Image Source: Wall Street Journal
Every week we track the business, tech and investment trends in CPG, retail, restaurants, agriculture, cooking and health, so you don’t have to. Here are some of this week’s top headlines.
The failure of the Paycheck Protection Program when independent restaurants and bars learned that they had been passed over as funds went to large chains. Facing criticism, Shake Shack and Sweetgreen both announced that they would be returning their $10 million loans.
Meat packers and big box retailers are continuing to experience an increase in positive coronavirus cases and deaths. In response, Tyson has suspended operations of its largest plant in Waterloo, Iowa. Several grocery stores have converted to online shopping to protect their employees.
Eight states have deemed recreational cannabis essential during Covid-19 shutdowns. Industry executives believe federal legalization of cannabis would provide economic stimulus through tax revenue and job creation during the recovery.
The COVID-19 pandemic has put more than 10 million independent restaurant workers at risk of losing their jobs for good. Across sectors, businesses are being forced to pivot their business models as consumers go on lockdown and change their buying habits. This round-up features many of the ways the pandemic is impacting all parts of the food industry.
In an effort to do our part and support the community we love so dearly, we have compiled a list of resources and organizations that are providing support to those in need. We are also offering free job postings to anyone who is looking to employ people impacted by the COVID-19 pandemic.
We need your support as well. Producing our newsletter takes a lot of time and resources, and we need to change our business model to keep it going. To date, we’ve funded our work through our events, sponsorships and consulting, which are all on hold due to the pandemic. If you find our newsletter to be a valuable resource, we hope you will consider making a one time or monthly contribution, so we can keep the newsletter going and free for those who can not afford a subscription fee. Whether it’s $5 or $500 every bit helps and shows us that you value our work. Not able to contribute right now? You can help by sharing our newsletter with friends and colleagues.
Check out our weekly round-up of last week’s top food startup, tech and innovation news below or peruse the full newsletter here.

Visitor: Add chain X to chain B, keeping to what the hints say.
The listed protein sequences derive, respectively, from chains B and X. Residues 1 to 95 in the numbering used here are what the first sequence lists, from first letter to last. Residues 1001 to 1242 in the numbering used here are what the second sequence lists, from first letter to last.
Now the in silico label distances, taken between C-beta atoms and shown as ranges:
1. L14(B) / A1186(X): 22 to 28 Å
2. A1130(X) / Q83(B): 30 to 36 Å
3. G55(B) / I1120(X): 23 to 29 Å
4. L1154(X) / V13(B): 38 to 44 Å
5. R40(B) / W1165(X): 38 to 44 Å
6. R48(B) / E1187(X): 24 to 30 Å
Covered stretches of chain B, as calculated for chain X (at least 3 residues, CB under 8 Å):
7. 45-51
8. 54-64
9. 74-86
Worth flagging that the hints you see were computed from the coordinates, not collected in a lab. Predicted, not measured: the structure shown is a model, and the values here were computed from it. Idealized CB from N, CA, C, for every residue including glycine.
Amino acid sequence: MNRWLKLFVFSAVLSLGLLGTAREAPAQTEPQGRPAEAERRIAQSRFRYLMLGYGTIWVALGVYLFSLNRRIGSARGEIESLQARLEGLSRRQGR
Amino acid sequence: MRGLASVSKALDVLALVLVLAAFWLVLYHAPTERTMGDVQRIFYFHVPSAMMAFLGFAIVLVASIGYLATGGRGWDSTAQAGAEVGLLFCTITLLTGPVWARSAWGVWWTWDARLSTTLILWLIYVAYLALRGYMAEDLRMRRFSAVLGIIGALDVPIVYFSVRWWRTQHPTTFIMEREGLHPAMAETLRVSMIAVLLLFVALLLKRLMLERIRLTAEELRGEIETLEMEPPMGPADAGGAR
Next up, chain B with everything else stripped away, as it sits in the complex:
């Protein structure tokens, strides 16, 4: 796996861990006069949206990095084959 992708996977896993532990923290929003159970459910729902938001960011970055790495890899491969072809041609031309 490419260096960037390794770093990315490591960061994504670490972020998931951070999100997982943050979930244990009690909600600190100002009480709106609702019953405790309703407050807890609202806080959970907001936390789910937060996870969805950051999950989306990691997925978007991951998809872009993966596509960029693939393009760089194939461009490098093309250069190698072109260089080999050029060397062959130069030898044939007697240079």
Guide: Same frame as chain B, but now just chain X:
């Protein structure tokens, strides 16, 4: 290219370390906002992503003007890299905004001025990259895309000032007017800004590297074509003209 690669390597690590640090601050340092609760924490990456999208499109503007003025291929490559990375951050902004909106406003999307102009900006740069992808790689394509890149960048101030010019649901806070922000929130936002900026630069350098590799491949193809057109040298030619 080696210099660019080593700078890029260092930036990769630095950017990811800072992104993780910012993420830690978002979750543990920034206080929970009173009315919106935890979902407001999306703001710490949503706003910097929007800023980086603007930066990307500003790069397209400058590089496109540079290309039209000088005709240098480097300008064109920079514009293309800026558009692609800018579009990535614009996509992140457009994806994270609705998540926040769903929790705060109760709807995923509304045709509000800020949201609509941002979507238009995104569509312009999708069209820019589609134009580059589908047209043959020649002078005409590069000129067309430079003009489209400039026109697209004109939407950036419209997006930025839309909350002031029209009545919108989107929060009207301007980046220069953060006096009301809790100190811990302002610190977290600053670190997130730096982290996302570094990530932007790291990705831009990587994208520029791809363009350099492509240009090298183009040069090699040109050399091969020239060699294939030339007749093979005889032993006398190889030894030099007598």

Cannabis CEOs say federal legalization of cannabis would provide economic stimulus through tax revenue and job creation during the Covid-19 recovery. Eight states deemed recreational cannabis essential during Covid-19 shutdowns.
Kura Sushi, the largest conveyor belt sushi chain in the US, also announced that it would return its nearly $6m loan.
Shake Shack’s move to return the funds was met with skepticism, as some questioned why the loan was available to to the chain in the first place.
Steakhouse chain says it will return $20 million in coronavirus relief funds after The Treasury Department asked publicly traded companies to repay loans they received this month from a program intended to aid small businesses hurt by the coronavirus pandemic.
A comprehensive critical path laying out foundational tasks to assist restaurants with reopening their doors.
Tyson Foods has declined to say how many of its workers have tested positive for Covid-19.
The plant’s 2,800 employees will continue to be paid, though the company acknowledged that the closure of its plant in Waterloo, Iowa will affect its supply chain of farmers, truckers, distributors and customers.
Meanwhile, another Portland Whole Foods employee has tested positive for the virus at the Hollywood location.
The financial support will include $16b in direct payments to farmers and ranchers: $9.6b to livestock, $3.9b to row crop producers, $2.1b to specialty crop producers and $500m for other crops.
Owners of many small, independent restaurants were passed over by a federal loan program. Now they fear that a new round may not solve their problems.
The world has never faced a hunger emergency like this. It could double the number of people facing acute hunger to 265m by the end of this year.
The expansion of paid sick leave for employers with more than 500 employees has left 85% of essential employees in the grocery, pharmacy and general merchandise industries without mandatory access to Covid-19 related sick leave benefits.
All workers, regardless of immigration status, deserve emergency income and health care. For those of us still on the job, we need enforceable health and safety protections and hazard pay—not lower wages—to compensate us for the risks we are taking to protect our country’s food supply.
The fast casual chain will pay a $25m criminal fine to resolve allegations by federal prosecutors that its food sickened more than 1,100 people across the US from 2015 to 2018.
The government will spend $300m a month to buy fresh produce, dairy and meat products that will be packaged into a box for food banks and other charities. Some $3b will be spent on purchases of surplus foods for donation.